In Our Words

Encouraging Financial Literacy in Young Adults
Encouraging Financial Literacy in Young Adults

Encouraging Financial Literacy in Young Adults

By Mark Redlich, High School Vice-Principal

As I write this, students in the class of 2017 have completed their IB Exams, gone on their Senior Expedition and are getting ready for graduation on June 3rd. Before you know it, they will scatter to the four corners of the world and begin their plans for life after high school. I am confident they are prepared academically for whatever lies ahead; I am confident they are prepared for the personal and social challenges that life will present them; and I am confident that they will work to make the world a better place. I know YIS has prepared our graduates well for what life has in store for them.

However, as I reflect on what could be missing from the equation, I wonder if our graduates are prepared for what lies ahead in their financial future? Do they know how to balance a budget and pay bills on time? Do they know about credit card debt or student loan debt? Do they know how to invest for the future? Outside of my life as an educator, I work with adults on many of these issues and know how challenging many people find financial literacy. It's hardly surprising then that young adults struggle.

My concerns are supported by research from a recent survey in the USA by the National Endowment for Financial Education and George Washington University, which indicated that "only 8 percent of those polled had a high level of financial knowledge." Research by accounting firm PwC indicates that millennials confront greater financial difficulties - including economic uncertainty and student debt - than their parents did. And a 2014 study by the OECD based on 29,000 15 year olds in 18 countries found that millennials had difficulty "dealing with financial issues, such as understanding a bank statement, the long-term cost of a loan or knowing how insurance works." Clearly, there is a problem; the question remains, how do we prepare students for their financial future?

Answering this question from the school's perspective is difficult, especially since research has found that "the long-term effectiveness of high-school classes in financial literacy is highly doubtful" (Mandell and Klein, 2009). That study suggests that young adults need to be taught these skills closer to when they will actually apply them.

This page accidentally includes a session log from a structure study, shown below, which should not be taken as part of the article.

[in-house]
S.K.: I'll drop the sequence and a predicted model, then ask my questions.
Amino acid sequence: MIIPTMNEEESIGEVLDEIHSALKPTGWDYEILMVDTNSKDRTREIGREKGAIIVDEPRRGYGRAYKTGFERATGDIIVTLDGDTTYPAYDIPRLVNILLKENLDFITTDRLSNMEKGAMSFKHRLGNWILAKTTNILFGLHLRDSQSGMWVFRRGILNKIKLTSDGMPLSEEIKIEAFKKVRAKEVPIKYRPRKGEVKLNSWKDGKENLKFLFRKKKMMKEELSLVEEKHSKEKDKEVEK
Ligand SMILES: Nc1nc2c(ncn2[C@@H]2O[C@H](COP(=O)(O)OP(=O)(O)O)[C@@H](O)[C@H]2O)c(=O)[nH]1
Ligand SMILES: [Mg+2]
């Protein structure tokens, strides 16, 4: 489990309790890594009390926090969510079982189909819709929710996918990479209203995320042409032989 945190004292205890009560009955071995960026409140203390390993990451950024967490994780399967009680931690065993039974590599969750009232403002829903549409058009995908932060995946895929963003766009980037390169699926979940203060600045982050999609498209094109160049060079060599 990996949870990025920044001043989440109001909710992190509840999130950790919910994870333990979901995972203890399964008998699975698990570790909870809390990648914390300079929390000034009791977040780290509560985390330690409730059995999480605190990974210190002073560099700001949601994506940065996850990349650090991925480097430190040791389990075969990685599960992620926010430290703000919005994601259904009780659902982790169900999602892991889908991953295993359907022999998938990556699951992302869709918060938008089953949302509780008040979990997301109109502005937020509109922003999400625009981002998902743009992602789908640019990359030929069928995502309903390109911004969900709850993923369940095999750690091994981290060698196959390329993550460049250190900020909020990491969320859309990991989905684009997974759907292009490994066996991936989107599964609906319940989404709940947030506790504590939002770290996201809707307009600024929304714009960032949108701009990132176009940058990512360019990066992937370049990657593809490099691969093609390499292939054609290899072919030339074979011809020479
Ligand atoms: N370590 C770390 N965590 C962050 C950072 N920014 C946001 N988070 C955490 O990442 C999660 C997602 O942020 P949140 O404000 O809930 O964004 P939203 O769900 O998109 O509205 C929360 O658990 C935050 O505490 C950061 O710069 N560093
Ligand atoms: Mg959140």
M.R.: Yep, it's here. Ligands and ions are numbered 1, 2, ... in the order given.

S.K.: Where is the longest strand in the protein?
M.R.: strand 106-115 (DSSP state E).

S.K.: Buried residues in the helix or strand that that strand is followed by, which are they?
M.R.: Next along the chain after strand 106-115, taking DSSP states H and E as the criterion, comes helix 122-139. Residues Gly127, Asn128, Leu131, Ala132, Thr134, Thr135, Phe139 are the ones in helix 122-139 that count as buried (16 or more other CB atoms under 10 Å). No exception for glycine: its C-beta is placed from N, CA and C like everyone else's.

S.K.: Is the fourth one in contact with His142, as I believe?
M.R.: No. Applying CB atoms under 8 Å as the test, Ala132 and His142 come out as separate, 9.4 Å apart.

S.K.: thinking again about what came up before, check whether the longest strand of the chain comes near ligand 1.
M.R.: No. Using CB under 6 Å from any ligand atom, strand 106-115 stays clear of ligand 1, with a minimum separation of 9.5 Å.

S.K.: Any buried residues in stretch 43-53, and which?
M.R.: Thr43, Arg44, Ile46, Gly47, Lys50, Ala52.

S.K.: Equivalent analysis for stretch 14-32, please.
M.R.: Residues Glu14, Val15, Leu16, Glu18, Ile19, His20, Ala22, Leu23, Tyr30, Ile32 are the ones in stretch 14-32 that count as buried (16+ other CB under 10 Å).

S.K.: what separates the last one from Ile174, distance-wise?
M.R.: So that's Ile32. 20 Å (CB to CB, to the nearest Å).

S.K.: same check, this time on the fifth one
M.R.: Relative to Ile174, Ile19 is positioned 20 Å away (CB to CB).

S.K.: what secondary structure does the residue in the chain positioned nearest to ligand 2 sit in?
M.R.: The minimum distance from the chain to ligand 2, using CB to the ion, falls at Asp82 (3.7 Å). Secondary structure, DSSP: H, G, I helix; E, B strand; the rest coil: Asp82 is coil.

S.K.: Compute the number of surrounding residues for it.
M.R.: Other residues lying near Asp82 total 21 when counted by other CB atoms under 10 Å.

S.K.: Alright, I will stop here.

Nevertheless, I suggest that there are things all parents can do with their children at any age to build an understanding of financial matters. I've gathered the following suggestions from a variety of sources, including Forbes, CNBC, and the National Financial Educators Council.

  1. Facilitate financial reflection - Talk to your children about money. Encourage them to think about what they spend and why their purchases are important to them.
  2. As appropriate, talk to children about your family's financial decisions - How does your family save for special purchases, like vacations or a new car? How will tuition for university be covered? How are you planning for your retirement?
  3. Provide opportunities to earn money - Through a part-time job or an allowance earned by doing work at home - help your children learn that money comes as a result of hard work and effort.
  4. Provide opportunities for children to borrow money (with interest) - Help them to learn that borrowing money can be useful, but that debt can also have consequences and needs to be carefully managed.
  5. Teach your child how to deal with a bank - Set them up with a bank account to learn the benefits of savings, but also help them to realise that banks are businesses whose job is to make money from their customers through student loans, credit card debt, etc.

Obviously, these conversations about money will differ, depending on the age of your child, but I would argue that it is never too early to start. I further suggest that there is no reason to stop after your child graduates from high school; if anything, these conversations need to happen more frequently once students are away from home and have far more opportunities to accumulate debt or build wealth.

There is no silver bullet to teaching financial literacy to children, but this is certainly not a reason to ignore it and the great impact it will have on their future. YIS graduates should be academically prepared, emotionally strong, socially responsible and have the financial knowhow to continue their journey towards success after they leave our community.